From a social perspective, the park is completely accessible and offers 19 distinct entry points, affording convenient and safe access for all. From an economic perspective, the park has already engendered activity, although it just opened in 2008. Over 200 residential units are open or under construction next to the park. Many neighboring buildings are readdressing their entries toward the park, where for decades this was the back door or service area. Nearby retail sales have improved, as the park is now a vibrant place for pedestrian activity instead of a grimy roadway.




The Great Room is framed by custom-steel light blades with granite bases designed by Dennis Carmichael of AECOM. The design suggests ship masts or glass surfaces of the nearby office buildings. Light patterns are modified by season, holiday and celebration. Color kinetics did the programmable lighting.


The ultimate value of Wharf District Parks to the profession and Boston residents and visitors lies in the fostered urban regeneration. By reclaiming land for people, instead of cars, in the heart of one of America's most historic cities, the park is a model for other cities to emulate. Its transformation suggests the environmental, economic, and social values of landscape architecture in American cities.




"Harbor Fog" by New England artist Ross Miller fuses art and engineering. This interactive installation "evokes the changing light conditions and weather patterns experienced at the ocean's edge," inspired by Boston Harbor navigational markers. Within this boat-shaped space, LED lights, fog machines and sound respond to people's movements. Granite pieces of the reclaimed sea wall serve as benches. The white obelisk is a 14-ft. tall Selux column light.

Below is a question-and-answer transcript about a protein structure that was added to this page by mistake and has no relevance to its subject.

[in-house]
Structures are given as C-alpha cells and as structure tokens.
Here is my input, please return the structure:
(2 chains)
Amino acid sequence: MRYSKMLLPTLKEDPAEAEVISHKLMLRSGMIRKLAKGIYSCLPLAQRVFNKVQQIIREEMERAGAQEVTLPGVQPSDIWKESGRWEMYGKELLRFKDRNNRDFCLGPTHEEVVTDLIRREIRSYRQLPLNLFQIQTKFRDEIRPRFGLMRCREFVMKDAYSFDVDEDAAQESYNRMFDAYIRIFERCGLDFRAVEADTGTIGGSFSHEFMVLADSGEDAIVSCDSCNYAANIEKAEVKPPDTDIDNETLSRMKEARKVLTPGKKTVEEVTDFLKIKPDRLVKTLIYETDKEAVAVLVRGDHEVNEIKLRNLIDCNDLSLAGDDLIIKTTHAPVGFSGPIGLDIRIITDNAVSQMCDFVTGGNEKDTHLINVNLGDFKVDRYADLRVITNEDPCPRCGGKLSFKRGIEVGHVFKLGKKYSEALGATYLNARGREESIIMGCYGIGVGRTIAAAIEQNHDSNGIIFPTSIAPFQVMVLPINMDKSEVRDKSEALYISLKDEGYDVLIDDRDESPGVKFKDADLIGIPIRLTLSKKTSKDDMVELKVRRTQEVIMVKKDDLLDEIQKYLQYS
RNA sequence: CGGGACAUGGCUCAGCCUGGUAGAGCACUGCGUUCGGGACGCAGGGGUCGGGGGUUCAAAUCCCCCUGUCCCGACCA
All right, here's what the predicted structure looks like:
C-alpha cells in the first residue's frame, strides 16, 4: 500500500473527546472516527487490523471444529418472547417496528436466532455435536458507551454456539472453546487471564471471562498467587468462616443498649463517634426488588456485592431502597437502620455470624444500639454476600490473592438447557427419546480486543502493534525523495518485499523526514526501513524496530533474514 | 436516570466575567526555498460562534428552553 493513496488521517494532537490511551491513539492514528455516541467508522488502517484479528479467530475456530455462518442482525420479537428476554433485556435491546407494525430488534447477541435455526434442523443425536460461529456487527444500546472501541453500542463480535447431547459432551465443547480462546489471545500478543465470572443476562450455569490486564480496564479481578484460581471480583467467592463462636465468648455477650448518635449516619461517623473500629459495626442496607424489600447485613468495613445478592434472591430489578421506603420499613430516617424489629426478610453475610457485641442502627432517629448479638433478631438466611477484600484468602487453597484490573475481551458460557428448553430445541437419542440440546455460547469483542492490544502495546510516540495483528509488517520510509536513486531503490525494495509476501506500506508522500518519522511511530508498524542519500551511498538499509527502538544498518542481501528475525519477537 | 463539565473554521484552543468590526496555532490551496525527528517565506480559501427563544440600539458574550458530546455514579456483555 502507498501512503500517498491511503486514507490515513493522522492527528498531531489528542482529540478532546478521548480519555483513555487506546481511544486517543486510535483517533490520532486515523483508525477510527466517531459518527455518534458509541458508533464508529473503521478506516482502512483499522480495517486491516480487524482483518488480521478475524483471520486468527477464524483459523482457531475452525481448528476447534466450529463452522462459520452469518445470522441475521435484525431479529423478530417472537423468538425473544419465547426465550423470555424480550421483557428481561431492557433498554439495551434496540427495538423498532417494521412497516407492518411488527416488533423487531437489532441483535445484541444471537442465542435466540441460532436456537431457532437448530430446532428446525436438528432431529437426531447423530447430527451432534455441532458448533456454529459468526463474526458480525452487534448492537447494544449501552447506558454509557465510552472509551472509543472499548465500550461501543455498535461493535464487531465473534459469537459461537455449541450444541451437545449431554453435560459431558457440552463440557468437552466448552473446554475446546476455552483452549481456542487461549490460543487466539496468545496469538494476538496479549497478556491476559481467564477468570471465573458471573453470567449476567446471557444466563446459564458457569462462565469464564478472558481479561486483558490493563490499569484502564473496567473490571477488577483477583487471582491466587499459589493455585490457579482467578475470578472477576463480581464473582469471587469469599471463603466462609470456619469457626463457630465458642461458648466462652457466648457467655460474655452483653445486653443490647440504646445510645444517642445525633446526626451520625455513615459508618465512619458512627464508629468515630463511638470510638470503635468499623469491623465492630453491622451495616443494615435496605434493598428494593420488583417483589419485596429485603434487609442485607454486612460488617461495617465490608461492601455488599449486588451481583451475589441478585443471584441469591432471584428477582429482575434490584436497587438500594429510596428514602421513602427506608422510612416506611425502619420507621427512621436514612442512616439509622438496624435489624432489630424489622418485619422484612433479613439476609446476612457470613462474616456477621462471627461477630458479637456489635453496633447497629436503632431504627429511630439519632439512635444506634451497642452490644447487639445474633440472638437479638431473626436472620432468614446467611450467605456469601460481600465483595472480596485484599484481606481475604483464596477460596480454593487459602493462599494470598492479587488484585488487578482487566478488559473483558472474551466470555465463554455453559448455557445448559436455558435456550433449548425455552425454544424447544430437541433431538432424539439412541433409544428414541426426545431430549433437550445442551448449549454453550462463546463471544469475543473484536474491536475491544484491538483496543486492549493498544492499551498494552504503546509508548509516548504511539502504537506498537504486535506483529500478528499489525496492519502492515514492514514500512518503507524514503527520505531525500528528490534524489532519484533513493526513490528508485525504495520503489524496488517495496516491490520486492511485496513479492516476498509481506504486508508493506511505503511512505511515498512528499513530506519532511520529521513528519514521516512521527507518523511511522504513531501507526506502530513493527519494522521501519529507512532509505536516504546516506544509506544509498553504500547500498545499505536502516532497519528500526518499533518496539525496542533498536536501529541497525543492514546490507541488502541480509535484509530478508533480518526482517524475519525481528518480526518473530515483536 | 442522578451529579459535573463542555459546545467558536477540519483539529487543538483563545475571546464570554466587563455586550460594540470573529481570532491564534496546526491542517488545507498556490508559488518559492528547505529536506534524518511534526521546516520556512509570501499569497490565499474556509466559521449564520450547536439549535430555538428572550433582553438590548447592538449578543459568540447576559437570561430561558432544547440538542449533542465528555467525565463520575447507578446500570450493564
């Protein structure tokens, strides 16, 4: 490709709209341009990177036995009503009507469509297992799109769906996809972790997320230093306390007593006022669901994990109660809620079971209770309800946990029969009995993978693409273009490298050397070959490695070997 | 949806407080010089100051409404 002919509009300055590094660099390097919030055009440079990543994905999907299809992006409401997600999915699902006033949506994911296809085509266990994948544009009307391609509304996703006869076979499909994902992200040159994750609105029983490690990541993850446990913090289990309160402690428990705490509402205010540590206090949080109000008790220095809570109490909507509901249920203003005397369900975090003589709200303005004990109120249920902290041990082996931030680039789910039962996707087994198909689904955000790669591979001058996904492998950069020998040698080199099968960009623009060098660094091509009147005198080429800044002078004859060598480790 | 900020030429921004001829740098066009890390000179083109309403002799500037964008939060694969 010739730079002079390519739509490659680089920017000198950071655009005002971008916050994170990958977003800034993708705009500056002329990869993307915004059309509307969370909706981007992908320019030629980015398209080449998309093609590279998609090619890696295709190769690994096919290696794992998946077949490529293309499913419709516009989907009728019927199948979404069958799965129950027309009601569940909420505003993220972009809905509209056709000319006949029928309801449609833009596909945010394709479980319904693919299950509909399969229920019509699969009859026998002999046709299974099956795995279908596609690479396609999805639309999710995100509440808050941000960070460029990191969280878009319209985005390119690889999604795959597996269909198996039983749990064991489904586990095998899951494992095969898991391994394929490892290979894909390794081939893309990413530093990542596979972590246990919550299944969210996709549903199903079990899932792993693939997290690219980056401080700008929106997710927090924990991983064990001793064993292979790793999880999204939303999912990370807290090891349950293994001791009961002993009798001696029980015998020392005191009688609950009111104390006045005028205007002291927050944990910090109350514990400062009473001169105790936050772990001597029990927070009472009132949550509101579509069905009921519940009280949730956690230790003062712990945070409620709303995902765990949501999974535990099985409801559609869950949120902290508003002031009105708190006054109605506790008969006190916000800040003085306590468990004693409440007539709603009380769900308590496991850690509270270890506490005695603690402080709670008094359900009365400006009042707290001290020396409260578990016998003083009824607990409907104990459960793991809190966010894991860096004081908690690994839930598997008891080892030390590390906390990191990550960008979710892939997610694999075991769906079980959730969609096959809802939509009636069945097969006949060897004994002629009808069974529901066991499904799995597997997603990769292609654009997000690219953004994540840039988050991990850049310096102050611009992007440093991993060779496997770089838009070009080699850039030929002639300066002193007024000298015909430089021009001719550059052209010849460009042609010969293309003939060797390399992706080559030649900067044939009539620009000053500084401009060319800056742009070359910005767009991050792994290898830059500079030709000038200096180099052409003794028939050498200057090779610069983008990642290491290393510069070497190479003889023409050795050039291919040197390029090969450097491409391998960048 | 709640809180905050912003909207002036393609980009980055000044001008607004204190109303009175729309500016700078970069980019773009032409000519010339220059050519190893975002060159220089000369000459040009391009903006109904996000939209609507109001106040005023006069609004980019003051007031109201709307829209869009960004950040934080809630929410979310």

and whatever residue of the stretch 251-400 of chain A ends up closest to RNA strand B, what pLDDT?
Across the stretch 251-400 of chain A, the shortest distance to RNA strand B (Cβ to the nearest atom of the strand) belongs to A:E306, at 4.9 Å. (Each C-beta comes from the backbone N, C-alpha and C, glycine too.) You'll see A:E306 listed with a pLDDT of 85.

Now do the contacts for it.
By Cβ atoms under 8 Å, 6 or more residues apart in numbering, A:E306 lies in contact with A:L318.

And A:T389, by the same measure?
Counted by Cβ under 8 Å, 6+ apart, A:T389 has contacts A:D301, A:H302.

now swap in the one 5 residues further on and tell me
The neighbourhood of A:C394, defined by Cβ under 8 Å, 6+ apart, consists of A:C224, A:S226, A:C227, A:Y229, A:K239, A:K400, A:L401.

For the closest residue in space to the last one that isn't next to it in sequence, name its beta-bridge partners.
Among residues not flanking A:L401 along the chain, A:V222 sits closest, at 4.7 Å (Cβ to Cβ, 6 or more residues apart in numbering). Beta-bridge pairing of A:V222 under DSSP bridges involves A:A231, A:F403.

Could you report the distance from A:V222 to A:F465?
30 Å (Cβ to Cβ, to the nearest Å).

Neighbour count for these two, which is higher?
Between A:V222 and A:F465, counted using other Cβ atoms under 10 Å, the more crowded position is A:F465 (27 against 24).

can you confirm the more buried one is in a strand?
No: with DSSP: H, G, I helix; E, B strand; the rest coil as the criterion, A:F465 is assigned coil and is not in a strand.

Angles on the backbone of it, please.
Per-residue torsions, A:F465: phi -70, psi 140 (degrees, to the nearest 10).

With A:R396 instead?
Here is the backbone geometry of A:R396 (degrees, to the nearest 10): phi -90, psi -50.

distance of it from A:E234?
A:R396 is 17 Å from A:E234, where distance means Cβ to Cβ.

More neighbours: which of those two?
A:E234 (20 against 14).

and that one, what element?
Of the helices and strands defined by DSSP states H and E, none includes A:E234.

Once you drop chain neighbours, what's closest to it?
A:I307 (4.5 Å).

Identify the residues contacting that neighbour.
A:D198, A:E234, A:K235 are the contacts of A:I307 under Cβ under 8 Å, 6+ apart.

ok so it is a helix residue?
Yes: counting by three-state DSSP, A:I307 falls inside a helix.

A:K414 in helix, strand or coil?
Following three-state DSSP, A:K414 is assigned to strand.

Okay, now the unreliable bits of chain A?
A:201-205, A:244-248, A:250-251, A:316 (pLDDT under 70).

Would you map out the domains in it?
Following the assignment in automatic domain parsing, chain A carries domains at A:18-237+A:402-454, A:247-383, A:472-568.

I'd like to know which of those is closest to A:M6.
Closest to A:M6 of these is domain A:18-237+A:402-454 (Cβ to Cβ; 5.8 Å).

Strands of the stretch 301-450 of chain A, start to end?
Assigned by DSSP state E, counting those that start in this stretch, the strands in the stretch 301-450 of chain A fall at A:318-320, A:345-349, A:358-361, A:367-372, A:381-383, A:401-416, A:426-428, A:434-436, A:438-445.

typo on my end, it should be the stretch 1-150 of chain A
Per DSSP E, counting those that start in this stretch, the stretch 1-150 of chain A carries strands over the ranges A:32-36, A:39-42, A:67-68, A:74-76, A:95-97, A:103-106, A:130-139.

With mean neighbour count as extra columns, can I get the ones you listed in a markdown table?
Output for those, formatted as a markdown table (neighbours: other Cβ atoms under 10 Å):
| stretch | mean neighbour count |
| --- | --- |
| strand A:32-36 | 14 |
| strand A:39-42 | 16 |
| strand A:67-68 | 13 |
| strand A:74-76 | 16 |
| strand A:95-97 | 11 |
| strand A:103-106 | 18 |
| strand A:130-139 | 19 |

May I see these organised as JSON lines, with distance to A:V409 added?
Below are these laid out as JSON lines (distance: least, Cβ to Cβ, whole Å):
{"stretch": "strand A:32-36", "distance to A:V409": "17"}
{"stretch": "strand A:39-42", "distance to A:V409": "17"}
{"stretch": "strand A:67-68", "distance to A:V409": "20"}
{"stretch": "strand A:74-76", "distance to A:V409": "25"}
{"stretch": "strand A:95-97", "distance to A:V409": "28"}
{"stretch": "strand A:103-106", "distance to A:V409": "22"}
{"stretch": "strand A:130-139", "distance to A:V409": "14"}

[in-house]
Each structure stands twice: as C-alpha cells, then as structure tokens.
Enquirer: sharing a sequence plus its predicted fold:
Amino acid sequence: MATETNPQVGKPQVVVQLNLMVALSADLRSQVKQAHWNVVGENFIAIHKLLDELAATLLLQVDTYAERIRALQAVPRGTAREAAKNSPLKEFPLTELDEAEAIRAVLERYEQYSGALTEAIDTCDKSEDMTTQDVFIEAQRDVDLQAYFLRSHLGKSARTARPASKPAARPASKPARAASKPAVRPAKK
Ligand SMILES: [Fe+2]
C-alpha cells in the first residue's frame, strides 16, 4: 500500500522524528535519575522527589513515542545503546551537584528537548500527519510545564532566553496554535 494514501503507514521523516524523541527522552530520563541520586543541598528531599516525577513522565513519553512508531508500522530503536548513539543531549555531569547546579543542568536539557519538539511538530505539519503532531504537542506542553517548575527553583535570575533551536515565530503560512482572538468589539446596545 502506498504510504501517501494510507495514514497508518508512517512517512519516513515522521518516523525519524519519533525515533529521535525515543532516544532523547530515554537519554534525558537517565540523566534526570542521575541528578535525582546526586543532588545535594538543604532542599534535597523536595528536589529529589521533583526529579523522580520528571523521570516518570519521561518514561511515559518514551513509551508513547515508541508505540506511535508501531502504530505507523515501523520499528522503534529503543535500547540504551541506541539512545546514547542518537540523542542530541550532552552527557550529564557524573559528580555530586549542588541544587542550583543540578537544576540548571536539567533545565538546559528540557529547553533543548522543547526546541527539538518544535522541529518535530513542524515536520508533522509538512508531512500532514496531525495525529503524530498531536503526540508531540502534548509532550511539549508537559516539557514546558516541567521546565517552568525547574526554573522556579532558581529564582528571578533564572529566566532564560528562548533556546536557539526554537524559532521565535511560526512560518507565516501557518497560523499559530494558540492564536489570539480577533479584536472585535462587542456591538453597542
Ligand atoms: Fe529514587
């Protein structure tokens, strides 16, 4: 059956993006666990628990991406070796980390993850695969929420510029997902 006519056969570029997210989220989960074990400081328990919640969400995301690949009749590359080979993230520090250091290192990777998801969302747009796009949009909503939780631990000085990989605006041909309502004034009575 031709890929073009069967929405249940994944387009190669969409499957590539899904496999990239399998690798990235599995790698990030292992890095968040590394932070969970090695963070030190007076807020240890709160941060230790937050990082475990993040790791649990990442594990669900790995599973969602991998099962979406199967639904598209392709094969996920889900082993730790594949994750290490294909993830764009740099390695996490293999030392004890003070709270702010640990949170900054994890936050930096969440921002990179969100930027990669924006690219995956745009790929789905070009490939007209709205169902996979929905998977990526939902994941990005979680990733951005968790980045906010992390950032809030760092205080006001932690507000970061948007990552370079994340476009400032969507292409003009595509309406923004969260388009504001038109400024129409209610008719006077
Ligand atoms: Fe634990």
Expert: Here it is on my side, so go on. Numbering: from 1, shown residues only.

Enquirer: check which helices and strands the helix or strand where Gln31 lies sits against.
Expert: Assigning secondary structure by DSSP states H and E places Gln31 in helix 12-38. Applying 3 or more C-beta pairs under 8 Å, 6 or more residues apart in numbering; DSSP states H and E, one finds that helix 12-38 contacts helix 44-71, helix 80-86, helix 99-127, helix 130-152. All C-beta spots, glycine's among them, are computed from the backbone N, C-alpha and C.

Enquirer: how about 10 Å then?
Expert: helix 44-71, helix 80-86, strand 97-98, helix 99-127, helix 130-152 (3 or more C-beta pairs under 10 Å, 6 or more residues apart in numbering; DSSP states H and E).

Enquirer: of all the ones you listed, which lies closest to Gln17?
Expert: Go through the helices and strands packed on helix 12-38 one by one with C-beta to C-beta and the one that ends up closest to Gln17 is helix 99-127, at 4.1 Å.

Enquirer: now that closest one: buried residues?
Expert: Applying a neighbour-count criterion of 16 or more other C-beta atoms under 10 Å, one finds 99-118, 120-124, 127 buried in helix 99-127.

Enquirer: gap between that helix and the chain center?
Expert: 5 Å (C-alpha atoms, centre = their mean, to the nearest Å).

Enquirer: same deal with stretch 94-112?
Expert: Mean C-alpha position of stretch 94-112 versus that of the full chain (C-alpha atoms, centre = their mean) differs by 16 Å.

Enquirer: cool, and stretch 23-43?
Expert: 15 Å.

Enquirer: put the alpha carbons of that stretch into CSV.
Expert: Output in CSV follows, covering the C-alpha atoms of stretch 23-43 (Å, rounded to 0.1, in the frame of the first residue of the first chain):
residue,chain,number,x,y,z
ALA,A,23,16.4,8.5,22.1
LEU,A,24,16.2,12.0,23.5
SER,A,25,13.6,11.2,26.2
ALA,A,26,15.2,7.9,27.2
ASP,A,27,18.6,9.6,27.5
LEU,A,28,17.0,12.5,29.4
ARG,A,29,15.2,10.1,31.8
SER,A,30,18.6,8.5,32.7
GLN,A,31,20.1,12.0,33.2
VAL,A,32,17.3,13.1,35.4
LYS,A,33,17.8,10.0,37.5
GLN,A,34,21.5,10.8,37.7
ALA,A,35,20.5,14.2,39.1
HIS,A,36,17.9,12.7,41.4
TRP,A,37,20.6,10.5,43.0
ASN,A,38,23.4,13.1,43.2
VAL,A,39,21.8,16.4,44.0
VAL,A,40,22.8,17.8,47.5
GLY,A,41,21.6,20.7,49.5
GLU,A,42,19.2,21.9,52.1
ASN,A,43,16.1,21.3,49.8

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The Team

Architect
William McDonough + Partners, Charlottesville, Va.

Art Programming
Sherry Kafka Wagner, San Antonio

Artist
Ross Miller Studio, Inc., Allston, Mass.

Contractors
-General
John Cashman, Inc., Quincy, Mass.

-Landscape Contractor
Valley Crest Landscape, Brighton, Mass.

Engineering
-Electrical /Drainage
Fay, Spofford & Thorndike, Inc., Boston

-Structural
Lim Consultants, Inc., Cambridge

Fountain Design
WET Design, Sun Valley, Calif.

Graphic Design
Selbert Perkins Design, Arlington, Mass.

Historic Interpretation
American History Workshop, Brooklyn

Landscape Architects
-Lead Designer
AECOM

-Landscape Architect, Local
Copley Wolff Design Group
Principals Lynn Wolff, John Copley, Sean Sanger

Lighting
Schweppe Lighting Design, Concord

Rendering (3D)
Neoscape, Inc., Boston


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November 21, 2018, 12:57 pm PST